April 2012 Archives

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Once a new conference table is installed, the last thing anyone wants to think about is moving it again. And most conference tables are very rarely moved. But eventually circumstances may require it: a few years down the line you may remodel your office, or relocate to a new office. Follow these steps to protect your conference table when you move it.

Many Hands Make Light Work. Make sure to have adequate staff on hand to move your table. A large glass table top is surprisingly heavy, and a granite table top is even heavier. One slip by a mover straining under too heavy a load, and your table top might end up with a chip or crack and need to be replaced.
This is especially important if your table top has a finish like frosted glass or our "Scratched" glass, as the movers should take care not to leave smudges on the textured surface of the glass. This is hard for them to do if they are carrying too much weight and are using all their energy not to drop the table.

Padded Blankets Are Your Friend. If the conference table will be moved more than a few feet, or will be turned on its side (to go through a doorway or around a corner), use padded blankets to protect the edges. If the top separates from the base and you need to lean the top against a wall while moving the base, lay padded blankets on the floor before setting the top down.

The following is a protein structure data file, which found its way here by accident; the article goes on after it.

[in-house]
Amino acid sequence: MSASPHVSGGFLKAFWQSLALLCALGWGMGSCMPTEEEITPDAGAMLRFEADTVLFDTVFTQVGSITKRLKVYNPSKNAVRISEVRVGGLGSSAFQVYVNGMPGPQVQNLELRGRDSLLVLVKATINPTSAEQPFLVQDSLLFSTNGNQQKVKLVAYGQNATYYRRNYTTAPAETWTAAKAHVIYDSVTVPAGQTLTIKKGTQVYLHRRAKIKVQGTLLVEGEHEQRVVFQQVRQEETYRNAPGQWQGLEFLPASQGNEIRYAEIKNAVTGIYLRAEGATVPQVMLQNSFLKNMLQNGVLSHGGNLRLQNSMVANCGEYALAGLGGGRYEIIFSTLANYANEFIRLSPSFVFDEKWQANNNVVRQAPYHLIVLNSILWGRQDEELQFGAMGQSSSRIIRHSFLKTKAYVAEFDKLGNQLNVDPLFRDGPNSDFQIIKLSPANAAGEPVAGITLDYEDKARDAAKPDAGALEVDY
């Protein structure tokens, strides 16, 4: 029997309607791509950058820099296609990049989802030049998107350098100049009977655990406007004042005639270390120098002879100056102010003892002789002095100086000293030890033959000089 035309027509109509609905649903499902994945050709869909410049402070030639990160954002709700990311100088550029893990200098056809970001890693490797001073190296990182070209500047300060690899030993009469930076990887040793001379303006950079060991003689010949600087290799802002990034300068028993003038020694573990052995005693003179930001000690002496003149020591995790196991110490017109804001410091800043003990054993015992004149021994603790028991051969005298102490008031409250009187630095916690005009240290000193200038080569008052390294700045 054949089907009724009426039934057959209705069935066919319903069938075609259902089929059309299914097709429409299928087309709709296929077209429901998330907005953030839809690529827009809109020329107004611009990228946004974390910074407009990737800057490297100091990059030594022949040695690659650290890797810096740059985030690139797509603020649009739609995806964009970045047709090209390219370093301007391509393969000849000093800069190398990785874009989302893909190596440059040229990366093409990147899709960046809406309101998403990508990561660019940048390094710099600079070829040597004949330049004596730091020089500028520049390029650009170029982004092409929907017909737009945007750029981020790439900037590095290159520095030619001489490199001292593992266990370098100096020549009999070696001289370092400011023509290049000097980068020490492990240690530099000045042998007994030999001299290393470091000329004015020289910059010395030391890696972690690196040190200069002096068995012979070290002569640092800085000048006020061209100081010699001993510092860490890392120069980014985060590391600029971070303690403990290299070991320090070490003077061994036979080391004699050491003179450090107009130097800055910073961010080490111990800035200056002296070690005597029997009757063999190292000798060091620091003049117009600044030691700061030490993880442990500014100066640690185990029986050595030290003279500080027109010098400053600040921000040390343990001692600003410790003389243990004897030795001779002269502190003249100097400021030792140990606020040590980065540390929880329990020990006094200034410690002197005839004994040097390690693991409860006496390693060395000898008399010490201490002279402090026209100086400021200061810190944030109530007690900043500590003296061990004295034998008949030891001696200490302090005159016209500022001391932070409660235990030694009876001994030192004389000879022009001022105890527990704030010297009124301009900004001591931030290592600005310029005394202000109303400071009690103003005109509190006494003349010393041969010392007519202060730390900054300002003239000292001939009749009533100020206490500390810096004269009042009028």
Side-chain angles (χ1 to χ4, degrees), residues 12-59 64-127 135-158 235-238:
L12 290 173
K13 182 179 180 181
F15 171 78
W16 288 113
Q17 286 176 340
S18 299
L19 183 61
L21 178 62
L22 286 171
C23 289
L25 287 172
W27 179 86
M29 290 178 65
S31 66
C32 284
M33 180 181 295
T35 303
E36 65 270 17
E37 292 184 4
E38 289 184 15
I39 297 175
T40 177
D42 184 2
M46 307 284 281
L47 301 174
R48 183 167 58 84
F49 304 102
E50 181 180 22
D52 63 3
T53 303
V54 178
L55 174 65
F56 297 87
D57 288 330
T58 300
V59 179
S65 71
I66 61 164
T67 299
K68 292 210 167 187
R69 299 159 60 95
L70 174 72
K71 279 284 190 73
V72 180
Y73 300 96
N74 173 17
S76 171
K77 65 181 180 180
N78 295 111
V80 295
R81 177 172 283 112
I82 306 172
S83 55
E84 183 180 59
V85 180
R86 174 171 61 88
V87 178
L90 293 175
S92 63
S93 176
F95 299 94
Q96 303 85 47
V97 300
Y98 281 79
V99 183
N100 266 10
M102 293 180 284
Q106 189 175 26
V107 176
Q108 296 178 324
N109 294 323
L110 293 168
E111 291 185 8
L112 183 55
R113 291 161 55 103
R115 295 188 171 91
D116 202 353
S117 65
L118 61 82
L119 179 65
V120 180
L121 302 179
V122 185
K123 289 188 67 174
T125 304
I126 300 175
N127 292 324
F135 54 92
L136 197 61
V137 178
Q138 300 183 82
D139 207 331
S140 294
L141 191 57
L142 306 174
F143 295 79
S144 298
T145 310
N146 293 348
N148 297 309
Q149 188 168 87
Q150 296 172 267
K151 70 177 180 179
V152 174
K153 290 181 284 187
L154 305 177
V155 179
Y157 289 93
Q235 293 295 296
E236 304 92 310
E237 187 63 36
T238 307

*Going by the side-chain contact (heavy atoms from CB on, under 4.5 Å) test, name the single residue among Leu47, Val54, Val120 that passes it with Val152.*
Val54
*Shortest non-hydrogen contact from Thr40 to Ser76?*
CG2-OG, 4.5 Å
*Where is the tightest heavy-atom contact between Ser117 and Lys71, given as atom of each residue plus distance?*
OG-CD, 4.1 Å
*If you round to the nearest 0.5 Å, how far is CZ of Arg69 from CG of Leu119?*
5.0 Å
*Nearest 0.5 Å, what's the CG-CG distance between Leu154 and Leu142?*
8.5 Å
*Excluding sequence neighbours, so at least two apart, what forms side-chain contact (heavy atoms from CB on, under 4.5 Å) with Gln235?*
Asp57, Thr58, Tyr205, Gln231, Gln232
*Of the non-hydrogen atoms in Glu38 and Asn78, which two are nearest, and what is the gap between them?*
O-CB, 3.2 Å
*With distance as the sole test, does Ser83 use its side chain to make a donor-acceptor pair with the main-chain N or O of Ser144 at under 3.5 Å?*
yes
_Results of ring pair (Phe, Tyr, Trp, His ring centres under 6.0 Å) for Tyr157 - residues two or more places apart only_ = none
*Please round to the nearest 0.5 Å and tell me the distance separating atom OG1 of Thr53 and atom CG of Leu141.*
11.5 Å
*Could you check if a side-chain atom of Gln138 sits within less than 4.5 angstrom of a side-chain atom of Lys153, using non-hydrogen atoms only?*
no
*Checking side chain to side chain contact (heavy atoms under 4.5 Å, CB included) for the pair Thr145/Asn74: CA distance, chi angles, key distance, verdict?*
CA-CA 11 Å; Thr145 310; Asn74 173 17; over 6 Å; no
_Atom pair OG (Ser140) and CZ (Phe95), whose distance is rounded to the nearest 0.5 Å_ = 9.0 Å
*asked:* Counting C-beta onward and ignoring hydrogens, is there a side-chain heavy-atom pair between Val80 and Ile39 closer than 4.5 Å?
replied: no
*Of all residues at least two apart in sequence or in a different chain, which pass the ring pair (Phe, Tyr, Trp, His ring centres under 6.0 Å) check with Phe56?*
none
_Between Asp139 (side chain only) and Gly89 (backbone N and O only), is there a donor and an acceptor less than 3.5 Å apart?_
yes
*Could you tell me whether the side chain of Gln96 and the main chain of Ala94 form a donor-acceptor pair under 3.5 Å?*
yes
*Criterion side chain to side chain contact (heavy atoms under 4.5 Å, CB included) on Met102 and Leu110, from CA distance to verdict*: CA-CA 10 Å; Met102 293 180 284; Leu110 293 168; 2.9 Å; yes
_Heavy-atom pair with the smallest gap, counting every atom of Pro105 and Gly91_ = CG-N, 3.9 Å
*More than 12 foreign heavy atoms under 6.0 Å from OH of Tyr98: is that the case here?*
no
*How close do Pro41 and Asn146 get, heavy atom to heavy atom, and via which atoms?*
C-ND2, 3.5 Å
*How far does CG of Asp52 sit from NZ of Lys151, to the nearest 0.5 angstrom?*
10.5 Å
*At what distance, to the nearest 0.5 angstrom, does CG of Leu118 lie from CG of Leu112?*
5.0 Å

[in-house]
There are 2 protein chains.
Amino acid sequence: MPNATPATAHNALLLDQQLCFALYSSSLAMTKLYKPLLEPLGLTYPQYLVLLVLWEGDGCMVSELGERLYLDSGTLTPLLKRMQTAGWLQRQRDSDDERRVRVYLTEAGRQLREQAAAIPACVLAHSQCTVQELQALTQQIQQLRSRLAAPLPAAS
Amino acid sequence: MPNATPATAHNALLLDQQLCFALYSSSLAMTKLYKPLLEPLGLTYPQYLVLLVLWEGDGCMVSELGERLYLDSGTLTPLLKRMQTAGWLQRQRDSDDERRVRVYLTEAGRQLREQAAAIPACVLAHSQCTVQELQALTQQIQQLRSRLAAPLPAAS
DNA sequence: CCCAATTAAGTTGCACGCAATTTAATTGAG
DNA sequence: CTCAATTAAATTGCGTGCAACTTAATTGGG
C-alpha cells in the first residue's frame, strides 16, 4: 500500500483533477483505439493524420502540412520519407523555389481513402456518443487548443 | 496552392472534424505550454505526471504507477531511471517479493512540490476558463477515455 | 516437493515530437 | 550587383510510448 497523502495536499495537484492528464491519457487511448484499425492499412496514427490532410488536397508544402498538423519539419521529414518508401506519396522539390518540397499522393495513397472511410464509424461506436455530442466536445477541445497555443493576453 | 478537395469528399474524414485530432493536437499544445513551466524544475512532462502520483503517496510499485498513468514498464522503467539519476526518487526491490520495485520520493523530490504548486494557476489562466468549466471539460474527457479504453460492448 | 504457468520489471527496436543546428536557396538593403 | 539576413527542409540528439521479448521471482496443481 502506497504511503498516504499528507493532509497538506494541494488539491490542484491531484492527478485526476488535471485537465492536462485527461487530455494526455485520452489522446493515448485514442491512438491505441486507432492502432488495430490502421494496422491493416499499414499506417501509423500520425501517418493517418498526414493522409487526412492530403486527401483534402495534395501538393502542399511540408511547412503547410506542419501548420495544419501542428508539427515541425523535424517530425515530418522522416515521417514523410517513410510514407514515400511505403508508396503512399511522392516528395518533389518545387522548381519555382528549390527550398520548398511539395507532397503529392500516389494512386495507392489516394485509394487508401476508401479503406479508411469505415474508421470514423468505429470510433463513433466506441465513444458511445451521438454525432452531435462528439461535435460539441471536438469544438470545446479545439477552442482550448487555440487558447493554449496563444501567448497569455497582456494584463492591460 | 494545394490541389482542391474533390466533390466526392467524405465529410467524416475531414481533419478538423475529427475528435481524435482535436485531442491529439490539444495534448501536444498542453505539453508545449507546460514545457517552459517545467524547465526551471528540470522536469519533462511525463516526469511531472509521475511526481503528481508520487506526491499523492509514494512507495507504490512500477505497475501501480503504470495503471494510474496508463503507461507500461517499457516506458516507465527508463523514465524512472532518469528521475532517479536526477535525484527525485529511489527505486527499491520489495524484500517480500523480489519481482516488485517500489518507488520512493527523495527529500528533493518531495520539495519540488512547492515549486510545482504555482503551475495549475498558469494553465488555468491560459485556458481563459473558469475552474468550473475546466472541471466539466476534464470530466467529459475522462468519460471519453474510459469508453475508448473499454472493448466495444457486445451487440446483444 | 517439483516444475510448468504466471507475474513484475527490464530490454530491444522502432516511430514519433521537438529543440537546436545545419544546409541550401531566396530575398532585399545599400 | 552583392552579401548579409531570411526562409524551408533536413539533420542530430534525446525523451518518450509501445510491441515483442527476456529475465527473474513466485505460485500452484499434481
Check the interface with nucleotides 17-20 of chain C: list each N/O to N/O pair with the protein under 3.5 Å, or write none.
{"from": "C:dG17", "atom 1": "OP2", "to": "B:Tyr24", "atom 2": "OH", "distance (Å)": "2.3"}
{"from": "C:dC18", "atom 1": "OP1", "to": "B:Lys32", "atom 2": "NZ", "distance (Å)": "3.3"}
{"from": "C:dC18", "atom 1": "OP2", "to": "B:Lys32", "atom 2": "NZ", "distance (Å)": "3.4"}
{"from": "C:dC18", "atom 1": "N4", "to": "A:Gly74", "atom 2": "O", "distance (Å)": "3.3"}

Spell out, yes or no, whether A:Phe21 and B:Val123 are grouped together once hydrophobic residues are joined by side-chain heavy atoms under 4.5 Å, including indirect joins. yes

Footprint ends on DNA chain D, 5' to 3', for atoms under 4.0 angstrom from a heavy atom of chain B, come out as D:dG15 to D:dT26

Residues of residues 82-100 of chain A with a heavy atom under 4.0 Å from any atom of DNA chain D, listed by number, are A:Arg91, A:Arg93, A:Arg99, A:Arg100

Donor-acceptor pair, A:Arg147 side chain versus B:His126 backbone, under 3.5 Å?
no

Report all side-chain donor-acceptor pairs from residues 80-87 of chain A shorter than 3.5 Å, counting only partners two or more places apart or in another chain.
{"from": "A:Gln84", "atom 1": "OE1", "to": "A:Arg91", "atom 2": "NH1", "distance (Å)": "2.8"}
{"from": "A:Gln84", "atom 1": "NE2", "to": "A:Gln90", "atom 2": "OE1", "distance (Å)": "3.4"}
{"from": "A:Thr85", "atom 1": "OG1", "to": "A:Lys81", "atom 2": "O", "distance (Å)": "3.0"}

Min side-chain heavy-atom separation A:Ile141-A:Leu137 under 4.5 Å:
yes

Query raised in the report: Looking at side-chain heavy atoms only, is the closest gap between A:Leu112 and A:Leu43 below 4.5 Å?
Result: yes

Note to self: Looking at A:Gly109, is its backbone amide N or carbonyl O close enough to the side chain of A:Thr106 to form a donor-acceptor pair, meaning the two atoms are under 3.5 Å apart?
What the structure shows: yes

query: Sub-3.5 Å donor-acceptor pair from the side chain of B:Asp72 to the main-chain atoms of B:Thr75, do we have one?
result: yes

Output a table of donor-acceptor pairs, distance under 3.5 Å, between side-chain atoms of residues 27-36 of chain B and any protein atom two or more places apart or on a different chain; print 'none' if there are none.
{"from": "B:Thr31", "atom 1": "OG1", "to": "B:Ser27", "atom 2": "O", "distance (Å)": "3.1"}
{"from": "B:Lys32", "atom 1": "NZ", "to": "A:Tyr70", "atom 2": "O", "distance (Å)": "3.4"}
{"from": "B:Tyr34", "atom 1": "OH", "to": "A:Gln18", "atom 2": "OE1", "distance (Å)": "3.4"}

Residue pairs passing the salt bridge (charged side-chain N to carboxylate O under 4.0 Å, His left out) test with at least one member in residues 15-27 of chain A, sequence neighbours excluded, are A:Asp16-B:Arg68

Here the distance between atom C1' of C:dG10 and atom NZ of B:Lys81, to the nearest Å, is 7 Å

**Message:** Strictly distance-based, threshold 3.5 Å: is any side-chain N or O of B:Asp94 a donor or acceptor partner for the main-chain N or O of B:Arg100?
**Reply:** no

To Disassemble or Not to Disassemble. Did the table require assembly when it was originally installed? If the table is moving just a few feet within the same room, and you have enough people to lift all the pedestals in unison, you can probably get away with moving it in one piece. If the top is separate you should remove it, move the pedestals, and then replace the top. Do not pull or drag a heavy conference table across the floor.
If the table is moving to another room, or is so large you do not have enough people to move all the pedestals at once, you'll have to disassemble the table and reassemble it in its new location. Be sure to save all hardware in plastic bags, and clearly label all parts as you disassemble the table.

Read the Functional Manual. Use the assembly instructions that came with the table (you did save them, didn't you?) to ensure correct disassembly and re-assembly. If you no longer have the assembly instructions, contact the manufacturer for a new set of instructions. Provide them with a copy of your original invoice or packing list so they know exactly what table you need instructions for.

Caveat Emptor. If you are hiring movers/installers to move your conference table, make sure their rates and policies are clearly explained. Will they crate the table, or move it as is? What is their responsibility if the table is damaged while in their hands?

Cold Storage. Due to scheduling conflicts you may need to remove your table from its old location before the new location is ready. If you do not have space where the table can be stored, ask your moving company how much they would charge to store it for you. For long-term storage you may wish to rent a storage unit. Or you might even contact the original manufacturer and ask if they can store it, although this will probably require freight to and from their location.